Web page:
What do we get out of sacrifice for Christ? A hundredfold in blessings in God's family, and persecution. You see, the Lord Jesus - and we have seen this very clearly from this gospel of the cross - never offered an easy way to anyone. Now, yes, praise God, we celebrate the gospel of grace by faith - which means that to become a Christian it costs you nothing, it's by faith alone. But to be a Christian, to live a Christian life following Christ in discipleship, it costs everything! We're not thinking of the things that we give up, we're thinking of giving up ourselves!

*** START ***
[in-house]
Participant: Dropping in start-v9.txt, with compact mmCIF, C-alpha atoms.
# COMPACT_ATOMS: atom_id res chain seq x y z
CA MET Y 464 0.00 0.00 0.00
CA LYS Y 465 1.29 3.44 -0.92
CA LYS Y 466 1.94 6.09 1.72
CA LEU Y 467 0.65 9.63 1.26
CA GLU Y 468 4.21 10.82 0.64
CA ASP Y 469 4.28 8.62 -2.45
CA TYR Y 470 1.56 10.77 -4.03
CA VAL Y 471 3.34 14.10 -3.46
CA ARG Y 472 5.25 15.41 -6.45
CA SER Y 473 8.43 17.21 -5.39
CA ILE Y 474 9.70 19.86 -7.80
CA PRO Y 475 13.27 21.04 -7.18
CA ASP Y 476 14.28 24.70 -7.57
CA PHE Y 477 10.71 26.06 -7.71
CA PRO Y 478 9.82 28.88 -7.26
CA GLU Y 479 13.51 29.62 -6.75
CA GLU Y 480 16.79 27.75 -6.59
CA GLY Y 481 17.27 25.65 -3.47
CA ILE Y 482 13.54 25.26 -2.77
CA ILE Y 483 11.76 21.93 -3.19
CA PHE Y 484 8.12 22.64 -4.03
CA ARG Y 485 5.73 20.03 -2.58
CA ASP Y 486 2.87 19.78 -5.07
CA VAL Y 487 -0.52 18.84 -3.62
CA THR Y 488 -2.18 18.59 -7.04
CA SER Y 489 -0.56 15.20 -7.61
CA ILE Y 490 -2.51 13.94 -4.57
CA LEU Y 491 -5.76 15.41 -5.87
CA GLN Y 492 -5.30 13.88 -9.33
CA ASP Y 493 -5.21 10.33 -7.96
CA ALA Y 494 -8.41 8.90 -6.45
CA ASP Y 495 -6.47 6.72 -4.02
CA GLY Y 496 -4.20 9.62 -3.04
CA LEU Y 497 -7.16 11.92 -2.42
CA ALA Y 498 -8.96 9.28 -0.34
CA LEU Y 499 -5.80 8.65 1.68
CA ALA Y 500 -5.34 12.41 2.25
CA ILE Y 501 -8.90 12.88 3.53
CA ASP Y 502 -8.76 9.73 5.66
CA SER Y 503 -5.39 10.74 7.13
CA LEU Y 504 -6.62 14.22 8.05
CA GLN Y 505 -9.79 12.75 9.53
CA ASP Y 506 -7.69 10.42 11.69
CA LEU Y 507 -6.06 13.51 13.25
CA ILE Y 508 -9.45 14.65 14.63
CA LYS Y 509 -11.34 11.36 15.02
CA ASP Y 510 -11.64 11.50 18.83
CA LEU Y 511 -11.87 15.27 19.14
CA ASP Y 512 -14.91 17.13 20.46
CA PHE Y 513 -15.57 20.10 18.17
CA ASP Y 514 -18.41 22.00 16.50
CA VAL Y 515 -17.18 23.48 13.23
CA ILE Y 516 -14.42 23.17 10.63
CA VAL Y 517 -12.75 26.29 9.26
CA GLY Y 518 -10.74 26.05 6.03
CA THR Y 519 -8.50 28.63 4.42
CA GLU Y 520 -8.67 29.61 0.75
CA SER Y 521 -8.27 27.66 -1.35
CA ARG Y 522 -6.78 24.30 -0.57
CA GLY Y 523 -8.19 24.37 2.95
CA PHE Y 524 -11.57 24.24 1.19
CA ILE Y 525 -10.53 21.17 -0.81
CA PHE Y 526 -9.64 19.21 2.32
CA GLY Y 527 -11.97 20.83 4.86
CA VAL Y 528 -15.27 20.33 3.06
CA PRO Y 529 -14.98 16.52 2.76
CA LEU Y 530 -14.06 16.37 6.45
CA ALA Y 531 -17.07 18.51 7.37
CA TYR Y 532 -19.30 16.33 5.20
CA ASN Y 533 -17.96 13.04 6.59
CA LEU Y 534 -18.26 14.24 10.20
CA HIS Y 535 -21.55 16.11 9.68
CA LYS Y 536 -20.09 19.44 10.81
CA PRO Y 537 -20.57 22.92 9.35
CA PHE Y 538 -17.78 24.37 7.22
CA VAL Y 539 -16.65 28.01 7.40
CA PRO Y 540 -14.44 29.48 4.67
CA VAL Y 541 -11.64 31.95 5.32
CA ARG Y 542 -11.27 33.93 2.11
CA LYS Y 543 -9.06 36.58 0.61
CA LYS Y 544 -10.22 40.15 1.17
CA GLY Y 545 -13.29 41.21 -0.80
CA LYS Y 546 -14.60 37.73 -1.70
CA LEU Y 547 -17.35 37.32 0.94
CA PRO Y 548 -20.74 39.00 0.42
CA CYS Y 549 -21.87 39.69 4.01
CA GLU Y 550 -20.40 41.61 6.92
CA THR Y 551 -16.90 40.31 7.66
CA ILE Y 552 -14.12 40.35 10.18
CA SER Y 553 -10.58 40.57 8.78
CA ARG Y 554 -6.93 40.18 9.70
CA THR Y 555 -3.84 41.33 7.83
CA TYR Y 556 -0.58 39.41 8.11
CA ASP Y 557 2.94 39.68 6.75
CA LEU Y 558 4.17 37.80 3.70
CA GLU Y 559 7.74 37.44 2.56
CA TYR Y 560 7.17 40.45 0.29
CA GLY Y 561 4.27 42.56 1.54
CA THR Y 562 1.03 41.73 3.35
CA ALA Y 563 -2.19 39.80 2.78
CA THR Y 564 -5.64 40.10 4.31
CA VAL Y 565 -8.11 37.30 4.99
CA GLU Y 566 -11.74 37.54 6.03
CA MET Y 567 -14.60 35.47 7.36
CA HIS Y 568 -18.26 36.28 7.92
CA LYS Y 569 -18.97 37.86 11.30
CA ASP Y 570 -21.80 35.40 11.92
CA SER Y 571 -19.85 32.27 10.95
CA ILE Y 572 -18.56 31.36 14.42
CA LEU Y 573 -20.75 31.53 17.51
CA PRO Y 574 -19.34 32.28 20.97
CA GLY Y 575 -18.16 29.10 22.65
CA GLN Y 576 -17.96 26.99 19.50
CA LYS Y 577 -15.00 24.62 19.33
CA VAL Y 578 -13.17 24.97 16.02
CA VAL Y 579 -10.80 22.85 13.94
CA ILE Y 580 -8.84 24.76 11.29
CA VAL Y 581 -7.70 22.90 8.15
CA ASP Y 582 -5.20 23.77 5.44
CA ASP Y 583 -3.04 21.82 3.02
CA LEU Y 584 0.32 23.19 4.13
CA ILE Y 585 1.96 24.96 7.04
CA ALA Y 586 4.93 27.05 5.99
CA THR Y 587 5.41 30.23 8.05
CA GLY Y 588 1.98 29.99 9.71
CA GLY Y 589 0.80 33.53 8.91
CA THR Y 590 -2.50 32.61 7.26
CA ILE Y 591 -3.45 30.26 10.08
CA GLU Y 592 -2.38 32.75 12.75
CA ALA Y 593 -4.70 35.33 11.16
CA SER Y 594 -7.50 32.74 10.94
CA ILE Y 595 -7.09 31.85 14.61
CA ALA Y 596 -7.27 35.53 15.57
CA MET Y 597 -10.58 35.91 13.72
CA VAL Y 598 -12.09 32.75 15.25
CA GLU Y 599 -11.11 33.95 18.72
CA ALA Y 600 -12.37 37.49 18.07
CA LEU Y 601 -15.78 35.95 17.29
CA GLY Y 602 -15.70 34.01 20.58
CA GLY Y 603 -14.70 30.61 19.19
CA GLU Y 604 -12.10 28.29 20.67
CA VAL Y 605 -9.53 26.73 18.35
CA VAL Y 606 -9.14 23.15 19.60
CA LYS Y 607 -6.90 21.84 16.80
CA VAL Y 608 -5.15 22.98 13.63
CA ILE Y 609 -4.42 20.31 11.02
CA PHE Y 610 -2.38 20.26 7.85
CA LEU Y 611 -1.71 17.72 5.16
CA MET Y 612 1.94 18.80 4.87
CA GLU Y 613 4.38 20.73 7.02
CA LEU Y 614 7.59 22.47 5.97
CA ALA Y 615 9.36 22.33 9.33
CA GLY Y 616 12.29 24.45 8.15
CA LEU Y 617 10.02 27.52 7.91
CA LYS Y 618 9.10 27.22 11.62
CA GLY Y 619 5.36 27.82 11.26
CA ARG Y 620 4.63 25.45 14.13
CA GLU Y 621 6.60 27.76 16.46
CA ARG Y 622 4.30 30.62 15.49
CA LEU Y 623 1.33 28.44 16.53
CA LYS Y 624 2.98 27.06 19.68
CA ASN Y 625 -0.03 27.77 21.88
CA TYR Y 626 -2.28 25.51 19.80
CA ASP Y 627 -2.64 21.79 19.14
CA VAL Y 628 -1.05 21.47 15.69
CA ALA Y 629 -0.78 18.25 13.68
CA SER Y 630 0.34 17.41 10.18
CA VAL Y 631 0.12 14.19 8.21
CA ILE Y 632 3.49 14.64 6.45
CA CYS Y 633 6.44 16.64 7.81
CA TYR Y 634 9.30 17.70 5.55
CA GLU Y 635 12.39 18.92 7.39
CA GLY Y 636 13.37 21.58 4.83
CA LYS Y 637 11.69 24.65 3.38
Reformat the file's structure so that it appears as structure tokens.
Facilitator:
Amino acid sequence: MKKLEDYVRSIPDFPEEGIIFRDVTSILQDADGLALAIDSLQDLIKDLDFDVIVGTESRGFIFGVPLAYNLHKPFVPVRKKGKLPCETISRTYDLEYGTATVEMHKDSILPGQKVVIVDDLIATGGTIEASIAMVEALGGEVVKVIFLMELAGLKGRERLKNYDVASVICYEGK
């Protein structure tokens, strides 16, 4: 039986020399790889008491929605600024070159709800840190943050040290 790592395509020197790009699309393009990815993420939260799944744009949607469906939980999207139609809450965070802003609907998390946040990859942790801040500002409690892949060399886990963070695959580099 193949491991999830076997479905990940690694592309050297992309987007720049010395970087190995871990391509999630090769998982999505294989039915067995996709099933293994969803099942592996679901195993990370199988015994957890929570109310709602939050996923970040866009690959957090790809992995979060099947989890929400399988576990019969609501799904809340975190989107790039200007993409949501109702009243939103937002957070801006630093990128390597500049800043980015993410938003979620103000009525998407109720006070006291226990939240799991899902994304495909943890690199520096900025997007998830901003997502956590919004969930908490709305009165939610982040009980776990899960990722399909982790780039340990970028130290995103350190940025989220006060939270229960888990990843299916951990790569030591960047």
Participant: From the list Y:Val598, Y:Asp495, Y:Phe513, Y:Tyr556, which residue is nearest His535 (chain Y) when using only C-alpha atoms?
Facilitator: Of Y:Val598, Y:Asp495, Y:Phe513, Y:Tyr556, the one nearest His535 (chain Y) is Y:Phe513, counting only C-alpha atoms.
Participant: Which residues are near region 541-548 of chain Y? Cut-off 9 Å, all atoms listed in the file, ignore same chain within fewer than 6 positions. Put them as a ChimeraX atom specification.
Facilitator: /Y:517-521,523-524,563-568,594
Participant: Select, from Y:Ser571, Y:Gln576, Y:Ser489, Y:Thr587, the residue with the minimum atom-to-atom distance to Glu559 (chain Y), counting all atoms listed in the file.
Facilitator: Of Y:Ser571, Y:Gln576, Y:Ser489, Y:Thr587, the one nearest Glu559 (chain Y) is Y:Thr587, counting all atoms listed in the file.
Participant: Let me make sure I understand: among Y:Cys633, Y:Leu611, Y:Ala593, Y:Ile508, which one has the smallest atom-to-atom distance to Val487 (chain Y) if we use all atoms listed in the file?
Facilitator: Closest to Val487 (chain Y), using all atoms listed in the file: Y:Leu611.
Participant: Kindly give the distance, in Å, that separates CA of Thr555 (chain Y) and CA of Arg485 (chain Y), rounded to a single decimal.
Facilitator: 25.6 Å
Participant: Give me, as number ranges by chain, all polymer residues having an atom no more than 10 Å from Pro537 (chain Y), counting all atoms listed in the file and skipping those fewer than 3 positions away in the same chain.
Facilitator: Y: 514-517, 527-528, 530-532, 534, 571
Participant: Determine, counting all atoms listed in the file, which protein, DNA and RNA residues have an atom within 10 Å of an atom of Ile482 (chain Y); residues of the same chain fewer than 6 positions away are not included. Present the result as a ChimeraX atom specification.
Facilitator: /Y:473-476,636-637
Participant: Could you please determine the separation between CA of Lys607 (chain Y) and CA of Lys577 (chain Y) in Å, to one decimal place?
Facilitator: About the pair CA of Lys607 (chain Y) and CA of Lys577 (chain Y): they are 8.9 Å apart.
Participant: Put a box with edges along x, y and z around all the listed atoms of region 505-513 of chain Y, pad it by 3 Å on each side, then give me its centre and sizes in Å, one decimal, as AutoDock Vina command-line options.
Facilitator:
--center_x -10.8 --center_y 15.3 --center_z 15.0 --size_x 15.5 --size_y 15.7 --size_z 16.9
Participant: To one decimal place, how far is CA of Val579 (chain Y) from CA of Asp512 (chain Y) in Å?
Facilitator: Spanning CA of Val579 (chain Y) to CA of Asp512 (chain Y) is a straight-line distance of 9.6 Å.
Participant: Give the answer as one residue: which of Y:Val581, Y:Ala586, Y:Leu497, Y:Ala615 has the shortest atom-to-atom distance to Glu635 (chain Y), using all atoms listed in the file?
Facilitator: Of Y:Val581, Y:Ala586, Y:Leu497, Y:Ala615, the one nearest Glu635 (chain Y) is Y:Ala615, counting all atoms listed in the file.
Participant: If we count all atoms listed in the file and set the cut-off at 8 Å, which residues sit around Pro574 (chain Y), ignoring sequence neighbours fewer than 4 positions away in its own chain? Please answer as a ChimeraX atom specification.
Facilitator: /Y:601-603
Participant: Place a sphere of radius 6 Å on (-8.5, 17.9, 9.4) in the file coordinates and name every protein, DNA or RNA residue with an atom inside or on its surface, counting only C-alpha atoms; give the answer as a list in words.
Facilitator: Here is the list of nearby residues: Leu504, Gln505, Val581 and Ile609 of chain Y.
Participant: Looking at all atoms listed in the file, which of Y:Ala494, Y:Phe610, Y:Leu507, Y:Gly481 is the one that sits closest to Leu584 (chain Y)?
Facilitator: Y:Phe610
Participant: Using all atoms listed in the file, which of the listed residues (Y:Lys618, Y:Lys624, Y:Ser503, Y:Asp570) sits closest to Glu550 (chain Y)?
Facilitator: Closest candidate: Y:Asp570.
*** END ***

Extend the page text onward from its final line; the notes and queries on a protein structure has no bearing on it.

But the Lord Jesus did not just mention temporal reward, at the end of verse 30 He mentions eternal reward. Now, let me be clear on this, because we know that eternal life, the whole New Testament teaches that eternal life is a gift of God. It is not a reward, it is not something we gain or earn by our effort. So we might ask, 'Well then, why does the Lord Jesus add on here that if we give any of these things up, because we have given up our heart to the Lord, that we will receive as a reward in the world to come eternal life?'. That's what it seems to imply. Well, perhaps the thought is that part of the reward will be a greater capacity to enjoy eternal life in heaven. So it's not getting eternal life, but a greater capacity to enjoy it. The New Testament does indicate in many places that there will be a gradation of rewards in heaven according to how we have lived on earth. But perhaps the meaning might be more accurate when we consider that this term 'in the world to come' is literally 'in the age to come', and that often refers to the millennium, the thousand year reign of Christ, and reward is always central to that thousand year reign of Christ on the earth. So it may be indicating that, according to how we have sacrificed for the Lord here and now, we will enjoy eternal life in millennial blessings, in wonderful millennial blessings. So the reward in itself is not the eternal life as such, but how we enjoy the eternal life.